I've had an iPod shuffle for a few weeks now (and managed to track down another to give to my wife), so the initial gee-whiz has worn off.
Still, I find little to complain about, and many subtle details to admire. One of my favourite improvements over my old RCA MP3 player is that the iPod shuffle pretty much always remembers where I am. If I'm in the middle of listening to a 45-minute transcript of a speech and I shut the shuffle off, when I turn it back on and press Play, I'm right back where I left off. The RCA would start over at the beginning of the talk, requiring some incredibly annoying fast-forwarding.
So, from the small list of music-playing annoyances (aside from those involved with using the iPod shuffle as a flash drive on Macs), here are my top three suggestions for how Apple could improve the next version of this player:
- Make the slider button textured. The iPod shuffle is smooth and slick. And not just in the sense of "cool"—I mean physically in your hand. It has very few bumps or protuberances, and the surface has as mirror-like a sheen as you can get from white plastic. That's generally fine, and makes it look like an iPod. But the slider switch on the back that turns the power on and changes the iPod's play mode can actually be physically slippery. If people use it when jogging or working out, as Apple suggests, and they sweat, as most of us do, that switch can actually be difficult or impossible to slide accurately.
The solution: Give the switch some texture, some bumps or ridges, so that you can move it with a damp or gloved finger. In the meantime, I've improvised my own by sticking a tiny pad of Velcro (the non-hooked side, and white, of course) on the switch.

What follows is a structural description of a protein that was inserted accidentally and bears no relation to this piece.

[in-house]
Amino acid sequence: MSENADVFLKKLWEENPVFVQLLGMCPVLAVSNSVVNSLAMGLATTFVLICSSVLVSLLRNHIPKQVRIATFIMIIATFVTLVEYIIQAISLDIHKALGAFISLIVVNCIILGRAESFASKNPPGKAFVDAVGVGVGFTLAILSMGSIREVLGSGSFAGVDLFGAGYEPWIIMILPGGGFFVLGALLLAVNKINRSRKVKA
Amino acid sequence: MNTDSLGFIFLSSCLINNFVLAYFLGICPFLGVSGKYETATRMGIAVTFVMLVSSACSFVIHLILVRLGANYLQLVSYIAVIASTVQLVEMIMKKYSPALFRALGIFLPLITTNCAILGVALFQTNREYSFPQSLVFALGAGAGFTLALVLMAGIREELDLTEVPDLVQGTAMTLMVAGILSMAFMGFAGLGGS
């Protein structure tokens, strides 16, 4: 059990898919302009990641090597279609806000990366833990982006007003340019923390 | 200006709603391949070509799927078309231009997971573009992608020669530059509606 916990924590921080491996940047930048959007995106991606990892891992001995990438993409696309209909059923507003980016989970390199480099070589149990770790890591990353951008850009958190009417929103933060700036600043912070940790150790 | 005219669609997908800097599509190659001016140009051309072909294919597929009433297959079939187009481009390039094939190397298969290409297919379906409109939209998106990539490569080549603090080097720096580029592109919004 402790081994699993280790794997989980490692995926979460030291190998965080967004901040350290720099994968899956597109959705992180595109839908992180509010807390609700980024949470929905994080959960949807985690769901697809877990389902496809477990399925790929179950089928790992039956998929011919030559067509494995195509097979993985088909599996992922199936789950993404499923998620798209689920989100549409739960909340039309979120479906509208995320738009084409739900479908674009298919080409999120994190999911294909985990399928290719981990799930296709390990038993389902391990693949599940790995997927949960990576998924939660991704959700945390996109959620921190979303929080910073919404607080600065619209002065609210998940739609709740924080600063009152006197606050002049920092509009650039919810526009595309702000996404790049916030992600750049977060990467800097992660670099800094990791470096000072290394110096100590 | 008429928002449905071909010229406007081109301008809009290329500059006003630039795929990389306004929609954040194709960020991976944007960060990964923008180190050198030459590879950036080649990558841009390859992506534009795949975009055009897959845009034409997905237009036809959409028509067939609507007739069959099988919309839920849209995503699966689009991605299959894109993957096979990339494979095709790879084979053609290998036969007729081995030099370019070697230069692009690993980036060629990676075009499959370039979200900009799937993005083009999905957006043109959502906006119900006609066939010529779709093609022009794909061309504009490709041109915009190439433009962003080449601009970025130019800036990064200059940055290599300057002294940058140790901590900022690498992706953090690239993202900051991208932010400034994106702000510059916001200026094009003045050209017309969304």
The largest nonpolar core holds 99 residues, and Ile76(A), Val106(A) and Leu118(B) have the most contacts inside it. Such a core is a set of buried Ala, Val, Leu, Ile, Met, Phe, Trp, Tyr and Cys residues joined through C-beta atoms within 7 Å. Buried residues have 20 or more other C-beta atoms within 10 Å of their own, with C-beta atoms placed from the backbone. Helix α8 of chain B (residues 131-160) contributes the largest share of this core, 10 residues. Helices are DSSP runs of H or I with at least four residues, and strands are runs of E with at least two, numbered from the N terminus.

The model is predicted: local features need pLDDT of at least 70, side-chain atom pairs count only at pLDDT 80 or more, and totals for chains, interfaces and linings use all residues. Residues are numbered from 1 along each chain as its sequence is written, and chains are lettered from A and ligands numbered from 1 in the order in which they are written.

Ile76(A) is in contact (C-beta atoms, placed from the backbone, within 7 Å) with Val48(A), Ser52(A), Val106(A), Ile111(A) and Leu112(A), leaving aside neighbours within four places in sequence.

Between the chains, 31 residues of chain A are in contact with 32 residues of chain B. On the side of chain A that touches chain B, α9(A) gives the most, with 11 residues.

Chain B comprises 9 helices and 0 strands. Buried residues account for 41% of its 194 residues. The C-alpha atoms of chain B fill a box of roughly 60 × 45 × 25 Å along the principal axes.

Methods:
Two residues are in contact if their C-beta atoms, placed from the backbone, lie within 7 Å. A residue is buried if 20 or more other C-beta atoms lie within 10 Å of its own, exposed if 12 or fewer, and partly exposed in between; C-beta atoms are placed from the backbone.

- Tell me why my iPod shuffle is syncing so slowly or isn't charging. The only way to charge an iPod shuffle is through its USB connector, and how fast you load songs from your computer depends on what kind of USB port you're using: the older, slower USB 1.1 or the newer, much faster USB 2.0. (The FireWire connector for other types of iPods doesn't generally have these problems, especially with speed.)
That sounds simple at first, but it isn't. USB ports all the look the same. In general, if you plug your iPod shuffle straight into your computer, it gets power, but if you plug it into a USB hub, that hub might or might not provide power, depending on whether it has its own power supply. (The iPod shuffle's lights tell you if it's charging, but if your computer or hub is under your desk, you might not be able to see them.) And sync speed gets even trickier, since USB ports don't physically indicate their speed, and having slower USB 1.1 devices sharing a single USB 2.0 bus or plug can slow them all down to USB 1.1 speeds, slowing down sync times by an order of magnitude.
The solution: Apple's built-in System Profiler application (see my screenshot here) garners lots of information about the USB port your iPod shuffle is connected to, including its speed (up to 12 megabits per second for USB 1.1, up to 480 Mbps for USB 2.0—theoretically) and power (500 mA if powered, 100 mA if not). iTunes should be able to grab that information and display it in simplified form ("iPod [is|is not] charging," "iPod will sync at [high|low] speed") when you're looking at your iPod song list, so you know what's going on without having to look at the iPod's status lights or wonder whether songs are being transferred quickly or slowly.
- Make Sound Check work. iTunes has a nice Sound Check feature that tries to level out the volume of song files you play (without changing the files themselves), so one song isn't drastically louder than another. As far as I know, Sound Check works on other iPods too, but not on my iPod shuffle. It would be nice if it did, especially when I have a quiet track cranked up, then the next one blows my ears off. I have enough hearing damage from my career as a drummer already.
Yes, I've already sent the first suggestion to Apple, and the second and third ones are going today.
NOTE: If Apple wants to make an official version of this crank-powered iPod shuffle recharger, that would be cool too, but not essential.